A lack of formal training and a piece of paper to prove it is keeping a part of Sri Lanka’s unemployed from finding work abroad. A lack of formal training and a piece of paper to prove it is keeping a part of Sri Lanka’s unemployed from finding work abroad. “We have not been able to meet the demand for export labour,” says Chairman of the Sri Lanka Bureau of Foreign Employment, Karunasena Hettiarachchi.
From January to June this year 164,157 foreign ‘job orders’ came to the Sri Lankan labour market.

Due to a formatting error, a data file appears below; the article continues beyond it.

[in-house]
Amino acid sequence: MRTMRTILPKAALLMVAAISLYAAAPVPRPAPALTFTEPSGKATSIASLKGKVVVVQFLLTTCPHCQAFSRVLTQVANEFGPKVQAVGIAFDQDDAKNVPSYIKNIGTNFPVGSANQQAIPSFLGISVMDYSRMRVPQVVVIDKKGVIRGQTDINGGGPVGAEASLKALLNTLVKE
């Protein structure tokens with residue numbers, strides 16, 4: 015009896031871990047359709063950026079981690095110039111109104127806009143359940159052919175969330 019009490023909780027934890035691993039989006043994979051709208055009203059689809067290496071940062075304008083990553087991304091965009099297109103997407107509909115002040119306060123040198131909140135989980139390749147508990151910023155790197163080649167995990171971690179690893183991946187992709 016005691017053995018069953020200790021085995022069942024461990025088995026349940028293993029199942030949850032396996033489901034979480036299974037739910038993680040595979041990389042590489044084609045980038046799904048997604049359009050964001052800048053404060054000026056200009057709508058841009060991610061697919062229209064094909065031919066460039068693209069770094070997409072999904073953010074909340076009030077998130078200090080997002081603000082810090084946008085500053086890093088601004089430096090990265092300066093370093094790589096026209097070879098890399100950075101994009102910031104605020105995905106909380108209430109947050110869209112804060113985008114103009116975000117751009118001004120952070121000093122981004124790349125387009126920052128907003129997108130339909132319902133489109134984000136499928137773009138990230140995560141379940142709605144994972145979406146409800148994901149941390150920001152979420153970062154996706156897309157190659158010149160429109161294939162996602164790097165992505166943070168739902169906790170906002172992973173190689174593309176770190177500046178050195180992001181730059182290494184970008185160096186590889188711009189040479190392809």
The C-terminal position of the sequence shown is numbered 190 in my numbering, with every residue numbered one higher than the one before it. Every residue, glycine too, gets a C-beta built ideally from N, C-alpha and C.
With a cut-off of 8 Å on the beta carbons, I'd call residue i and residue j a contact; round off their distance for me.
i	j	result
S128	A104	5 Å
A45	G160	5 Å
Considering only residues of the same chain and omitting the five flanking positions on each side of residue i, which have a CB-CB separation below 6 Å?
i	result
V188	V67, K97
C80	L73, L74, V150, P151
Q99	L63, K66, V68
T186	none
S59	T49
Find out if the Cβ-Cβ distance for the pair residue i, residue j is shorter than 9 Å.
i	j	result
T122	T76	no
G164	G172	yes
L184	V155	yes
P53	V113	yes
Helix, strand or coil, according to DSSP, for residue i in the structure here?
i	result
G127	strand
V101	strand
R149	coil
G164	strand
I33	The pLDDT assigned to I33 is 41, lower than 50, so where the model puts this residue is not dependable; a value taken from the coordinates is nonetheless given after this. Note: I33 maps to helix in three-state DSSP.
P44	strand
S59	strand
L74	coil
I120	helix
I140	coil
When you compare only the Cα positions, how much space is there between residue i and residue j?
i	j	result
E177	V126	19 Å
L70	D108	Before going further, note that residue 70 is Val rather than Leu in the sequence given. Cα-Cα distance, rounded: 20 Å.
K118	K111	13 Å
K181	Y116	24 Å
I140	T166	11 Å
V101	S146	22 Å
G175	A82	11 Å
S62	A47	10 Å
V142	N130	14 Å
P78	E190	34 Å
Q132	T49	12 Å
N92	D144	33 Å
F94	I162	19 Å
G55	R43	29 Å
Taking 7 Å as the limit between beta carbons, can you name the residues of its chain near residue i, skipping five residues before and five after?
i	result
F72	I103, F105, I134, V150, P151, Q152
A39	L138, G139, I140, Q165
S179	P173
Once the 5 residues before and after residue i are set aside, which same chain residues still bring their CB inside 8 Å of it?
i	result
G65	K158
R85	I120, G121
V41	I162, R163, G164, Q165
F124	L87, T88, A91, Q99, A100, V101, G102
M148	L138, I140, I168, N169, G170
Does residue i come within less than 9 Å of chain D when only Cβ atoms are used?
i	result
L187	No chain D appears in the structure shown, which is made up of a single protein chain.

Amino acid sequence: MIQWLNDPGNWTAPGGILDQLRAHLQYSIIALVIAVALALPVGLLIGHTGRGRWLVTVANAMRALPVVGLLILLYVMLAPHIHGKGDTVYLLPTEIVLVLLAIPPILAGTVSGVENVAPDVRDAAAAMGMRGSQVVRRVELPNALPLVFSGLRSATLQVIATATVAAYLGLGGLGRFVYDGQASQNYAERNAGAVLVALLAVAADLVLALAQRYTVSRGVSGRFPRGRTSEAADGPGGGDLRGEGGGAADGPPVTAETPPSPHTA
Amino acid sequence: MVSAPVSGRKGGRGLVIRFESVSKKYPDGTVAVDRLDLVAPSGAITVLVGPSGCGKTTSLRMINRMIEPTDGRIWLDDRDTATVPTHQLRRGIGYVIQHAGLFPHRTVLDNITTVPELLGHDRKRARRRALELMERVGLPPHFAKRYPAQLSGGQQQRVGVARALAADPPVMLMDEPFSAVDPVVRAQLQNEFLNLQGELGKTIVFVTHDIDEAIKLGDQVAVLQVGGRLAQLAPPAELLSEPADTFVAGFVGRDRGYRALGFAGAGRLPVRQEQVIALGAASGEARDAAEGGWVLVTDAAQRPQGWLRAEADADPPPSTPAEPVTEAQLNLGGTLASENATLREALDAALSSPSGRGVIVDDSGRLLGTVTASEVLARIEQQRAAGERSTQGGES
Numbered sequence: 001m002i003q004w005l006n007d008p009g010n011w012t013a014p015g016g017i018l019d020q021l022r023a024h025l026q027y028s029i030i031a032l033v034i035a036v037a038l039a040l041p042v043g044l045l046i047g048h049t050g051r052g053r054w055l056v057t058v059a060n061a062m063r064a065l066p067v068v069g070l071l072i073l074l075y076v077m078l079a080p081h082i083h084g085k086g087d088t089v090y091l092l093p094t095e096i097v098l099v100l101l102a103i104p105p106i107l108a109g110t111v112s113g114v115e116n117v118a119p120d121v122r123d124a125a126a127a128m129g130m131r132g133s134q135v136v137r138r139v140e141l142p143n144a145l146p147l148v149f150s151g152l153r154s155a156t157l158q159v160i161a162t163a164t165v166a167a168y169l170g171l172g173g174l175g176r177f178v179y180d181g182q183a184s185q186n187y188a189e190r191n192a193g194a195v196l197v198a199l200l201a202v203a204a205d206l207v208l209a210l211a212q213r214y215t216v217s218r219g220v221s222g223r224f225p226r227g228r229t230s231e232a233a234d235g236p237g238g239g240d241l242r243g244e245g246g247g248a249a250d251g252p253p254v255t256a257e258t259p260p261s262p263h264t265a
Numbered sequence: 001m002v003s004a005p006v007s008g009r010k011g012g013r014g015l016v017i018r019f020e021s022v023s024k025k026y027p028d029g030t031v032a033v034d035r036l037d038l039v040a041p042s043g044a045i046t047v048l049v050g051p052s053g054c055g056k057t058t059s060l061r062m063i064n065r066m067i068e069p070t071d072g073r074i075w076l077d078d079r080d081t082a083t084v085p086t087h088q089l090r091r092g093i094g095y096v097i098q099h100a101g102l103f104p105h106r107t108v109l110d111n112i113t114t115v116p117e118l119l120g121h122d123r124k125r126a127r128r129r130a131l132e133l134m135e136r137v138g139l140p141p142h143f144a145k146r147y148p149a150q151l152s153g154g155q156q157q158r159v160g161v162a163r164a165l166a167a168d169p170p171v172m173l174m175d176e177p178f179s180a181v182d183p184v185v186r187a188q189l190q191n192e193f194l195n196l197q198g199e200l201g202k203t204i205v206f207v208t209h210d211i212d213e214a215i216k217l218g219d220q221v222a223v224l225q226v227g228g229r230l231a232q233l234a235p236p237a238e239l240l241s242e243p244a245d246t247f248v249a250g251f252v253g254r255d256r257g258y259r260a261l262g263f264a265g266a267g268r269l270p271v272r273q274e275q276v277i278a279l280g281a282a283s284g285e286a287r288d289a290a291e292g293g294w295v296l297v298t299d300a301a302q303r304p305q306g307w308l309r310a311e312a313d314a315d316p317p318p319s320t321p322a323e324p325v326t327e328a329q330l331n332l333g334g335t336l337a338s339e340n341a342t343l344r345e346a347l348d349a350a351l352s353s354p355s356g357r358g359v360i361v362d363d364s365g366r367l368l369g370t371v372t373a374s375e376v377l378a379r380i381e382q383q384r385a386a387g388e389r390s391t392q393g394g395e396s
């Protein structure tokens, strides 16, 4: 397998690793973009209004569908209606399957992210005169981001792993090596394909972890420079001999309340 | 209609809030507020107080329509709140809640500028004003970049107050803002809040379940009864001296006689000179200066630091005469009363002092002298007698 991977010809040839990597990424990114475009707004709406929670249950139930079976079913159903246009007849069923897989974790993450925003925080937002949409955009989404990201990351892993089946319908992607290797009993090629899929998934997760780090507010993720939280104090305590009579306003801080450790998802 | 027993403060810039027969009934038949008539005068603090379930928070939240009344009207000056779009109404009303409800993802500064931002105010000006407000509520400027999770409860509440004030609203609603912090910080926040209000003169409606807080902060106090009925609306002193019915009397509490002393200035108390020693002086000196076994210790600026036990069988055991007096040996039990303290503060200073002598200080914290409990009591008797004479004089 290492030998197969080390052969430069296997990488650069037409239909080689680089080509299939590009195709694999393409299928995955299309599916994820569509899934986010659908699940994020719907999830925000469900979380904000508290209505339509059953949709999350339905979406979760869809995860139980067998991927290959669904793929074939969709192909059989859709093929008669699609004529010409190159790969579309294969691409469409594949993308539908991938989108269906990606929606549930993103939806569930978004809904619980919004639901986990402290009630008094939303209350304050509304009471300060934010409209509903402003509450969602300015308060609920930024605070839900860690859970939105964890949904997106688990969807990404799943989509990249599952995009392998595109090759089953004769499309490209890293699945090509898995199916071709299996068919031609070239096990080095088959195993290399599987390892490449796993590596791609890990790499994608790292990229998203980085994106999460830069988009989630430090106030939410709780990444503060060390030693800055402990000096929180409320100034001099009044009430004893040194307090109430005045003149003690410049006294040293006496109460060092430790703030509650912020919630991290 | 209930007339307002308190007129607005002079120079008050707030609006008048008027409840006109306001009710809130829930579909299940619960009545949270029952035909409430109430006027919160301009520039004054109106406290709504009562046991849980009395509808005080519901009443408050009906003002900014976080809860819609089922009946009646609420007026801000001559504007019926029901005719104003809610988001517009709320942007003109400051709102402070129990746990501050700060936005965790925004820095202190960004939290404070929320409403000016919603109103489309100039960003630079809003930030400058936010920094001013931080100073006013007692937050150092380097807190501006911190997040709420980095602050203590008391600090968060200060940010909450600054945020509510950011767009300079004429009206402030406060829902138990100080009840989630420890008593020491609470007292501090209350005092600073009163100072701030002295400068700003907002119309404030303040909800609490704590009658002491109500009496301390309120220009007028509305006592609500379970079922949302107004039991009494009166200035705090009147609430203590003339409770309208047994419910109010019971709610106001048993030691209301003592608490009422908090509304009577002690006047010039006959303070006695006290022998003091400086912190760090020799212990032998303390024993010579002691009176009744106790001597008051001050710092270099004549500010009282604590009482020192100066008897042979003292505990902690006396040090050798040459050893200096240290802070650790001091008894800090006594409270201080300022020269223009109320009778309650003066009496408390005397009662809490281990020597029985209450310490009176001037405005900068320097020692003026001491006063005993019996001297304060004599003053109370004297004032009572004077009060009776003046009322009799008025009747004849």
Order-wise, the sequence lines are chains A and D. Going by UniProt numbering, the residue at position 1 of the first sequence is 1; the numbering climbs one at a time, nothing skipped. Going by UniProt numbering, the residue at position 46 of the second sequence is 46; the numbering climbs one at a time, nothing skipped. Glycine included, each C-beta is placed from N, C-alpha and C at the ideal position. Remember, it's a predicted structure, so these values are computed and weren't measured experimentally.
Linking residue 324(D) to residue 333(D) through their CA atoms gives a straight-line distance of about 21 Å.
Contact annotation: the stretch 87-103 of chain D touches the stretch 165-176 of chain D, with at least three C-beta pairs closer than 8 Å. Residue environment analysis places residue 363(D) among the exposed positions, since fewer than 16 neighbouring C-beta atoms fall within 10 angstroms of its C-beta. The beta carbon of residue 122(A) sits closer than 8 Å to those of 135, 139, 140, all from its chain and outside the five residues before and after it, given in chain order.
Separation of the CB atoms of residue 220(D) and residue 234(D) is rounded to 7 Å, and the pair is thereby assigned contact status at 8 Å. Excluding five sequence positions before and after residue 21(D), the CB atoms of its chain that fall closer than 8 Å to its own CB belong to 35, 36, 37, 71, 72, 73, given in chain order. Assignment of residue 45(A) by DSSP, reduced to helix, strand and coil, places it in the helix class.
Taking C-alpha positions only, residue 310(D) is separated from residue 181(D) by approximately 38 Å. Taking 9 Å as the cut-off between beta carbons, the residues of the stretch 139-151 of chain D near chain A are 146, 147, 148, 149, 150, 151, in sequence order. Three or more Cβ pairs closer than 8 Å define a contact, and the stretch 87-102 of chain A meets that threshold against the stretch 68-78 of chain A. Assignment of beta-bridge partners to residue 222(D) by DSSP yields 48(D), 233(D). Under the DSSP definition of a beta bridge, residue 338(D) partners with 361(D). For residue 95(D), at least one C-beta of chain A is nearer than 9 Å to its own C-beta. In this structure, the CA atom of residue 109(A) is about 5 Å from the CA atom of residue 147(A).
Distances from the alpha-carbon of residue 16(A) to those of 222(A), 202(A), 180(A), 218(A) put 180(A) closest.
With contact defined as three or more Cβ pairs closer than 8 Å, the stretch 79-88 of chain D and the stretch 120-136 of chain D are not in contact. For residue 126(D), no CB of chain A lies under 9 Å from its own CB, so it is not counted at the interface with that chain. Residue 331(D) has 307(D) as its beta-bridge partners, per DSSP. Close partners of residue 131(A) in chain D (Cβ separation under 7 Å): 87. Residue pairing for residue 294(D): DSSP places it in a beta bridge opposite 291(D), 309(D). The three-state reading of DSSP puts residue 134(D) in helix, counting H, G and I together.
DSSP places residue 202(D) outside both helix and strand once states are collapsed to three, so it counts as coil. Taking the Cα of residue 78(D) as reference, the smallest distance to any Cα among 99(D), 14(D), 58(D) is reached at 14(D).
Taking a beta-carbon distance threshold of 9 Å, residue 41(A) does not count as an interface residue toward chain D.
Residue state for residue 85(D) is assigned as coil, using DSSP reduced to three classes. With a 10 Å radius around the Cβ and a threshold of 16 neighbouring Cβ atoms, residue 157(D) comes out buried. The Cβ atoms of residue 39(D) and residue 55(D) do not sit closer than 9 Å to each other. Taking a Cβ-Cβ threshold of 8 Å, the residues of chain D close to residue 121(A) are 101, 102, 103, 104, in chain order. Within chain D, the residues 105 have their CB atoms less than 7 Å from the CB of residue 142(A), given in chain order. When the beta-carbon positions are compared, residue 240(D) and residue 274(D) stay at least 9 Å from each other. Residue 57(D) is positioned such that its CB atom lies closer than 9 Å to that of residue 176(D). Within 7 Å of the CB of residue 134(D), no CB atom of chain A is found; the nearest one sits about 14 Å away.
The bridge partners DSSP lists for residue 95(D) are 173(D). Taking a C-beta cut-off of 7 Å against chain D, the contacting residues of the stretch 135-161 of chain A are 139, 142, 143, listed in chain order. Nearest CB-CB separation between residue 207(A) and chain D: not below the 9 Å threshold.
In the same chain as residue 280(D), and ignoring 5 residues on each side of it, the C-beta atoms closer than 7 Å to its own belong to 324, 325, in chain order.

The match rate between required skills and available labour pool was below 50 percent with only 74,704 job seekers fitting into the requirements.
Meanwhile Sri Lanka’s unemployment during the first quarter was 8.1 percent – 650,240 persons – out of the total labour force of 7.9 mn.
But the Bureau of Foreign Employment says it cannot meet export labour demand – particularly in the skilled categories.
As a result jobs at technician level are going a begging in Middle Eastern countries like Saudi Arabia, Qatar, Kuwait and the UAE that are generally viewed as destinations for unskilled Sri Lankan housemaids.